Q. A while back, you gave us advice about a problem with our tile installation. That was the best advice we were given, and it was very helpful.
Last winter, we started getting a sewage smell in the master bathroom of our 21-year-old home. We had not had this problem before. When the weather started getting nicer in the spring and summer, the smell went away. When we had the smell, it generally built up over the nighttime hours and went away when we turned on the water to shower each morning.
When the weather started getting colder again this fall/winter, the smell returned and is worse than ever. It smells like a sewage plant in that bathroom every morning. (We keep the bathroom door just about closed each night.) It seems to be worse when it is cold out. This bathroom has a shower stall, a separate tub (it is never used, but it's cleaned regularly and has water run through it), a toilet and two sinks.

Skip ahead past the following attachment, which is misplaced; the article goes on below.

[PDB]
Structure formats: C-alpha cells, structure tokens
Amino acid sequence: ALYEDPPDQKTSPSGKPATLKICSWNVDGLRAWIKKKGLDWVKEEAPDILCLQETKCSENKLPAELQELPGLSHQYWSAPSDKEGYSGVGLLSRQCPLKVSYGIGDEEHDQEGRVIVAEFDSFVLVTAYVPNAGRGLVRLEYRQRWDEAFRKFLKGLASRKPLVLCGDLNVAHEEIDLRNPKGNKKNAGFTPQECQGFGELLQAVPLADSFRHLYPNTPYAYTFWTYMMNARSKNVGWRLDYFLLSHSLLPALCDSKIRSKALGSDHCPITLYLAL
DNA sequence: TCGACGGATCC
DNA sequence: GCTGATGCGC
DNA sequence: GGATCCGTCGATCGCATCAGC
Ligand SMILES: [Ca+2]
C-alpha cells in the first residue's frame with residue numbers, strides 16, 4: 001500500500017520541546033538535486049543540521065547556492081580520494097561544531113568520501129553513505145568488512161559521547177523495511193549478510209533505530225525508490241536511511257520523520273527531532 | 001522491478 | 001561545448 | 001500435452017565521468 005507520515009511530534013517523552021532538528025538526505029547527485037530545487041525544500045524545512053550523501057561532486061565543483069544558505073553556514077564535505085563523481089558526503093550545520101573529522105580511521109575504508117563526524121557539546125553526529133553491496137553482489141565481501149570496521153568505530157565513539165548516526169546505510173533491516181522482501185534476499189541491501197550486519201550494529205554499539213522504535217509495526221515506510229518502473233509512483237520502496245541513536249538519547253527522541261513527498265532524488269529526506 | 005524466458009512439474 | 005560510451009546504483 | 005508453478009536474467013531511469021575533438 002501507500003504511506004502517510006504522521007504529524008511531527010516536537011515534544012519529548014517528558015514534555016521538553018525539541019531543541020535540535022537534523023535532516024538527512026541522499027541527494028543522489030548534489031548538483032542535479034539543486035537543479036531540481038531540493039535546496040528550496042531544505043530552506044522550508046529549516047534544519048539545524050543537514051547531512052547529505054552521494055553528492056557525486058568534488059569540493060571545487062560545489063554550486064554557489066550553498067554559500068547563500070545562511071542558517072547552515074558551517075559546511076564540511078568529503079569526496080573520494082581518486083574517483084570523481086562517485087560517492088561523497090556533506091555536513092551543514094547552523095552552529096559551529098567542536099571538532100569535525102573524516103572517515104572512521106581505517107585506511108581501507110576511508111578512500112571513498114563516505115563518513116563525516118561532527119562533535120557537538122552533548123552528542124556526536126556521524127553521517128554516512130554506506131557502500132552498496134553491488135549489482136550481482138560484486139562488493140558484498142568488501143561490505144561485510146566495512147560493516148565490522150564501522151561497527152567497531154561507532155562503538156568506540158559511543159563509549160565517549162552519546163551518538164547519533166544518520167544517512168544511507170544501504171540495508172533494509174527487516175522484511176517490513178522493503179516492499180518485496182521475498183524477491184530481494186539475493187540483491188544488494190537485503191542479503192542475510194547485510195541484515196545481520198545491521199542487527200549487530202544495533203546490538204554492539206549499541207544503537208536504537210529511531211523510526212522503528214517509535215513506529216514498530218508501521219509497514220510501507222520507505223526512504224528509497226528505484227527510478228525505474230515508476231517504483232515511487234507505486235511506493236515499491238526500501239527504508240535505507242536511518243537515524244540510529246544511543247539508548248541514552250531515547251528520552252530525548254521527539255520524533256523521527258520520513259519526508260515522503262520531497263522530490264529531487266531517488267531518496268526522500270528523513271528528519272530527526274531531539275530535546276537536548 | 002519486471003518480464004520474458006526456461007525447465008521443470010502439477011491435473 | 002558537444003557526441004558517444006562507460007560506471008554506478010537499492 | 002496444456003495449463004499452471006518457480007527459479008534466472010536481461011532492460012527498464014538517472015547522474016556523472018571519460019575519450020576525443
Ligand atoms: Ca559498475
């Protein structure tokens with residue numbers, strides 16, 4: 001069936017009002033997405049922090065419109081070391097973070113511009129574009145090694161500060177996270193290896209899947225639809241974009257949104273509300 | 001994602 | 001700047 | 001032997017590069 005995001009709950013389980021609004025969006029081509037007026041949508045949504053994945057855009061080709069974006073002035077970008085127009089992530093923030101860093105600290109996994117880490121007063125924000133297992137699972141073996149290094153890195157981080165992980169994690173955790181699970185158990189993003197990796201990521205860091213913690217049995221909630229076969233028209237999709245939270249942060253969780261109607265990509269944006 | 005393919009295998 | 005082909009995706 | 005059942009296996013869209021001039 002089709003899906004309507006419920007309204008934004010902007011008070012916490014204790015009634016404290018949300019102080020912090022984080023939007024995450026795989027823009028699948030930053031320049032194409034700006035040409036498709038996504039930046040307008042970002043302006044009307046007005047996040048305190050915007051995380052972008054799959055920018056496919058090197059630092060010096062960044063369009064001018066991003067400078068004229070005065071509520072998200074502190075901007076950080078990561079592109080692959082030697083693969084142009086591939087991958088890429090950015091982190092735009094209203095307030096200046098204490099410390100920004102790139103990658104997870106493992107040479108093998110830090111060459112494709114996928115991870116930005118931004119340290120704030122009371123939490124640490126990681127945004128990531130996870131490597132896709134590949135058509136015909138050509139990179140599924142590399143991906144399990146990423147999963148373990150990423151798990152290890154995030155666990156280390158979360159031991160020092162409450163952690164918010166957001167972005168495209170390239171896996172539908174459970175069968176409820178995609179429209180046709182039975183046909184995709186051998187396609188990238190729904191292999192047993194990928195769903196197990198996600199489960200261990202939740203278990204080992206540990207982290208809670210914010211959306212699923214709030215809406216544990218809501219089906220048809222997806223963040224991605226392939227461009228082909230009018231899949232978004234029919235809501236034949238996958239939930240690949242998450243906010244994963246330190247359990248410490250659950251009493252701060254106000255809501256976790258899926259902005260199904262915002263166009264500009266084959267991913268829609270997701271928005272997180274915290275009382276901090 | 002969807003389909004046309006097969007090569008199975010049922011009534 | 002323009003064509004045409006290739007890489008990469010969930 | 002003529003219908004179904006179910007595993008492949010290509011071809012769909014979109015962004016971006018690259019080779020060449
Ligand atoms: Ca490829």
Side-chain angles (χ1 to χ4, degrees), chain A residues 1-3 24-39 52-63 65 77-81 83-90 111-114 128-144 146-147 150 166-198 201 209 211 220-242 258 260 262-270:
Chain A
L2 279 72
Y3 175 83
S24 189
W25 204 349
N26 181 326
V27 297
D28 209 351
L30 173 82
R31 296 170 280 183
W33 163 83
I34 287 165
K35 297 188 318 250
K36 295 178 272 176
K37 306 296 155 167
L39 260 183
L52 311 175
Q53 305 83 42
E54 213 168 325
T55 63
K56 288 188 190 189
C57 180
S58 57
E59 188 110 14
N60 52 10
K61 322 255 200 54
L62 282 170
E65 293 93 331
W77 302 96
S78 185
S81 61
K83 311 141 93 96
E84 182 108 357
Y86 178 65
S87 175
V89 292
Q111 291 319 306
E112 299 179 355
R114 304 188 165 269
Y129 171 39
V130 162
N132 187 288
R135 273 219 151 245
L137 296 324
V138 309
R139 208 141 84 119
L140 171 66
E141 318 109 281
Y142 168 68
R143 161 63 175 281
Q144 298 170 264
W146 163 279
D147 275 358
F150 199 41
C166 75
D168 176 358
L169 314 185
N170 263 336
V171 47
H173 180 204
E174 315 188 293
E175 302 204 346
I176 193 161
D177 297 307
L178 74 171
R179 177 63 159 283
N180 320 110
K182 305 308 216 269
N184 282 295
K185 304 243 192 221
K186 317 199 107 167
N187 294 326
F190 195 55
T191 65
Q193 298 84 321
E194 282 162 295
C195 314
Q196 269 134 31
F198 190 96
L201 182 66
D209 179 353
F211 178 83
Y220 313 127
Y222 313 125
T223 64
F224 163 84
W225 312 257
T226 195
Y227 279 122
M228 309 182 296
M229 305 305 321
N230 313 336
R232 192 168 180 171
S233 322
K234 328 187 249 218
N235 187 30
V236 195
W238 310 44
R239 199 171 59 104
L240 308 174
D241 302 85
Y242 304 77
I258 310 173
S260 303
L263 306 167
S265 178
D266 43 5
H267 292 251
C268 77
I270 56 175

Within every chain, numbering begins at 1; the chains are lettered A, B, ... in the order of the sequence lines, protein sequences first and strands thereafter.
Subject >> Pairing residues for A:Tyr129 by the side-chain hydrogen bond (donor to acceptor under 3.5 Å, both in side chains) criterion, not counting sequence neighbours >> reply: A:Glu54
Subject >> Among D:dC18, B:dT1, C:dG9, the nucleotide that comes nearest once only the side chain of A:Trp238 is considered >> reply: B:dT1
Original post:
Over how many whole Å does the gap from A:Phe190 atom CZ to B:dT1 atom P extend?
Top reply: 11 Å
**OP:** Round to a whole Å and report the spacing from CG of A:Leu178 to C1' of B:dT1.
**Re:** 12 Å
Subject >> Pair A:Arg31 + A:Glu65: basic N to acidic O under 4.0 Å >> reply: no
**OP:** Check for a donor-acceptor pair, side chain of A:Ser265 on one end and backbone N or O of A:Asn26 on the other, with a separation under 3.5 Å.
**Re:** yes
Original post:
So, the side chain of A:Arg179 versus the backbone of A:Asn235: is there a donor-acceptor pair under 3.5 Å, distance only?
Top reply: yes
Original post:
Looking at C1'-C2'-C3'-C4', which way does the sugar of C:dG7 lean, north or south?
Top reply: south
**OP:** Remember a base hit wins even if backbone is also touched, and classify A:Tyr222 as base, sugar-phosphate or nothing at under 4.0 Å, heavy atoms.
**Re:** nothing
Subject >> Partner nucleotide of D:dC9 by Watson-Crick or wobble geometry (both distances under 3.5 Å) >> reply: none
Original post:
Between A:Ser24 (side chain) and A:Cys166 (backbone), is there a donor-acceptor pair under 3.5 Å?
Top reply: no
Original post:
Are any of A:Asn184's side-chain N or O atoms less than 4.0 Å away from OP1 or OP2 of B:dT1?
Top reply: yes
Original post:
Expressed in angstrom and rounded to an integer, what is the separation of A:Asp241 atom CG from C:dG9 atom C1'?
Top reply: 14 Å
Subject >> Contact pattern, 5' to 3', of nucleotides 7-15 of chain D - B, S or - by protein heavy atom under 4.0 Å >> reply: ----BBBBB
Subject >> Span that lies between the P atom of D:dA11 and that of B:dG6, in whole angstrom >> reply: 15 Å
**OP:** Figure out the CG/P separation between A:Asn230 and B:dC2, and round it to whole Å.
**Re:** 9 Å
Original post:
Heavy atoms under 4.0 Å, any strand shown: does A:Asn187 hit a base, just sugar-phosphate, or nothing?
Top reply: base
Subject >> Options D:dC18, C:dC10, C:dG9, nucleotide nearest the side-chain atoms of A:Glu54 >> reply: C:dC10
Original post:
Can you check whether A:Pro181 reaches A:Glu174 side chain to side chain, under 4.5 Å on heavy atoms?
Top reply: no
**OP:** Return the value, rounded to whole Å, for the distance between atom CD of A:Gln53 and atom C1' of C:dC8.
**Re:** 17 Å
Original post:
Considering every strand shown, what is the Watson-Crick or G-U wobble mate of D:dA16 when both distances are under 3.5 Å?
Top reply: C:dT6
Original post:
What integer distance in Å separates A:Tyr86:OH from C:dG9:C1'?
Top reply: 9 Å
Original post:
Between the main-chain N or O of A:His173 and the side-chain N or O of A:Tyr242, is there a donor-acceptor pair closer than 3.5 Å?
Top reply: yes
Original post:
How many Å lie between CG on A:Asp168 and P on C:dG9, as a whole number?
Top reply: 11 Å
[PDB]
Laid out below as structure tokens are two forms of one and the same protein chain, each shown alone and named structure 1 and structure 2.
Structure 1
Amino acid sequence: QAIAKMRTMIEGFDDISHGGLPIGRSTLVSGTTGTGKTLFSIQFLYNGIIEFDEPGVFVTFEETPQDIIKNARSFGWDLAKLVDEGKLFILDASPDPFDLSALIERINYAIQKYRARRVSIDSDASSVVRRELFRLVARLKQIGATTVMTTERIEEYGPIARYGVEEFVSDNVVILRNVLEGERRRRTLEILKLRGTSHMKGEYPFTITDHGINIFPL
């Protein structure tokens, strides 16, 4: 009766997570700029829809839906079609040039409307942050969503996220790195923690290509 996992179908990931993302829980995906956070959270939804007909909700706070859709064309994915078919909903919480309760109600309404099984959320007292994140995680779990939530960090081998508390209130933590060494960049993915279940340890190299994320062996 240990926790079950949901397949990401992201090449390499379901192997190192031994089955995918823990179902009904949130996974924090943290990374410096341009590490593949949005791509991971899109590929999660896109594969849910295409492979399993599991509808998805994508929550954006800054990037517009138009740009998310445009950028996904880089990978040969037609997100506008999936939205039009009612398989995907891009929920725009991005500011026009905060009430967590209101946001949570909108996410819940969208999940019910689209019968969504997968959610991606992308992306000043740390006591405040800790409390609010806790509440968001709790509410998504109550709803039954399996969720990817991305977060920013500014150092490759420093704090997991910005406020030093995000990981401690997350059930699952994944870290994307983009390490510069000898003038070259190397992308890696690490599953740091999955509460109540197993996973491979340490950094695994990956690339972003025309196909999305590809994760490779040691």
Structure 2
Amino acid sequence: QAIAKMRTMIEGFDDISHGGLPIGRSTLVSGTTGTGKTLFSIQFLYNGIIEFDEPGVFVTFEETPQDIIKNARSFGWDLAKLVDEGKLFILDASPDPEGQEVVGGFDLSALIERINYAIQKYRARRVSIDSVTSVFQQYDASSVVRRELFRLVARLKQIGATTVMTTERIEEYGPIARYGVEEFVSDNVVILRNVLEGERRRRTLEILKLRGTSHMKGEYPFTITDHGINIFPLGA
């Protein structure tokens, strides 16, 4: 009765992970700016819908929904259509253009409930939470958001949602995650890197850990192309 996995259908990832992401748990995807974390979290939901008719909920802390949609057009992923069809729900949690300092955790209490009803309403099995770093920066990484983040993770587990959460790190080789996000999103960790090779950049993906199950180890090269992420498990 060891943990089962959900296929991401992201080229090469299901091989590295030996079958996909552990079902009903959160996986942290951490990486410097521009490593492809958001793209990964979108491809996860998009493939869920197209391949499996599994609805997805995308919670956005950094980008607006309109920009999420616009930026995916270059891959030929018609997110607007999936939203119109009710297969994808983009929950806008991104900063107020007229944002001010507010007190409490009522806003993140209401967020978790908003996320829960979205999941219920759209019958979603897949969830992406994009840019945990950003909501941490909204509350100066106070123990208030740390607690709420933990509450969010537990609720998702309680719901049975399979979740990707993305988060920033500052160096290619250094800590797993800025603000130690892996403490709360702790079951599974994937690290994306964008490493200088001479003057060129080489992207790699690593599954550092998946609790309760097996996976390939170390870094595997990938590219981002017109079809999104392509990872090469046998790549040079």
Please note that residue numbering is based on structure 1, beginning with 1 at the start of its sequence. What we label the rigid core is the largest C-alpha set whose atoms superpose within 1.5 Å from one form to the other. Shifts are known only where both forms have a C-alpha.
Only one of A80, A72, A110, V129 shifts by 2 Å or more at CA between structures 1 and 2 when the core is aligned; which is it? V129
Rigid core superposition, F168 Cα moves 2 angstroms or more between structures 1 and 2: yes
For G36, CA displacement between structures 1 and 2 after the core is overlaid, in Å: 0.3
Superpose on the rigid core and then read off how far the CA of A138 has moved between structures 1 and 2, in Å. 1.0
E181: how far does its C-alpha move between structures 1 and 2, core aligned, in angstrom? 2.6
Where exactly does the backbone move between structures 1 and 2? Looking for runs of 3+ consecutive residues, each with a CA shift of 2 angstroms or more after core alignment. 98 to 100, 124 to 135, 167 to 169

Obviously, we called a plumber. He cleaned out our drain and recommended that we pour bleach down the drain every 90 days. (We had previously tried bleach and Drano on numerous occasions.)
We don't have an issue with the water draining properly -- it goes down fine. Following the plumber's visit, we still had the exact same problem with the sewage smell. It has gotten worse and worse this winter. So we called the plumber back and explained the problem. One of his several suggestions was to dry and cover the shower drain with duct tape overnight and see if we had the smell. We did that, and we did not have the smell in the morning. When we removed the tape, the smell was clearly in that drain, underneath the tape.
We followed all his other suggestions, and everything checked out fine.
At this point, the plumber says the smell is a "mystery" and he doesn't know what to do. He said all the things we did indicate the smell is coming from this drain, although he says that shouldn't be possible, because there is always water in there. He said the tests we did indicate there is proper venting. He basically said he'd have to come and start cutting up our walls.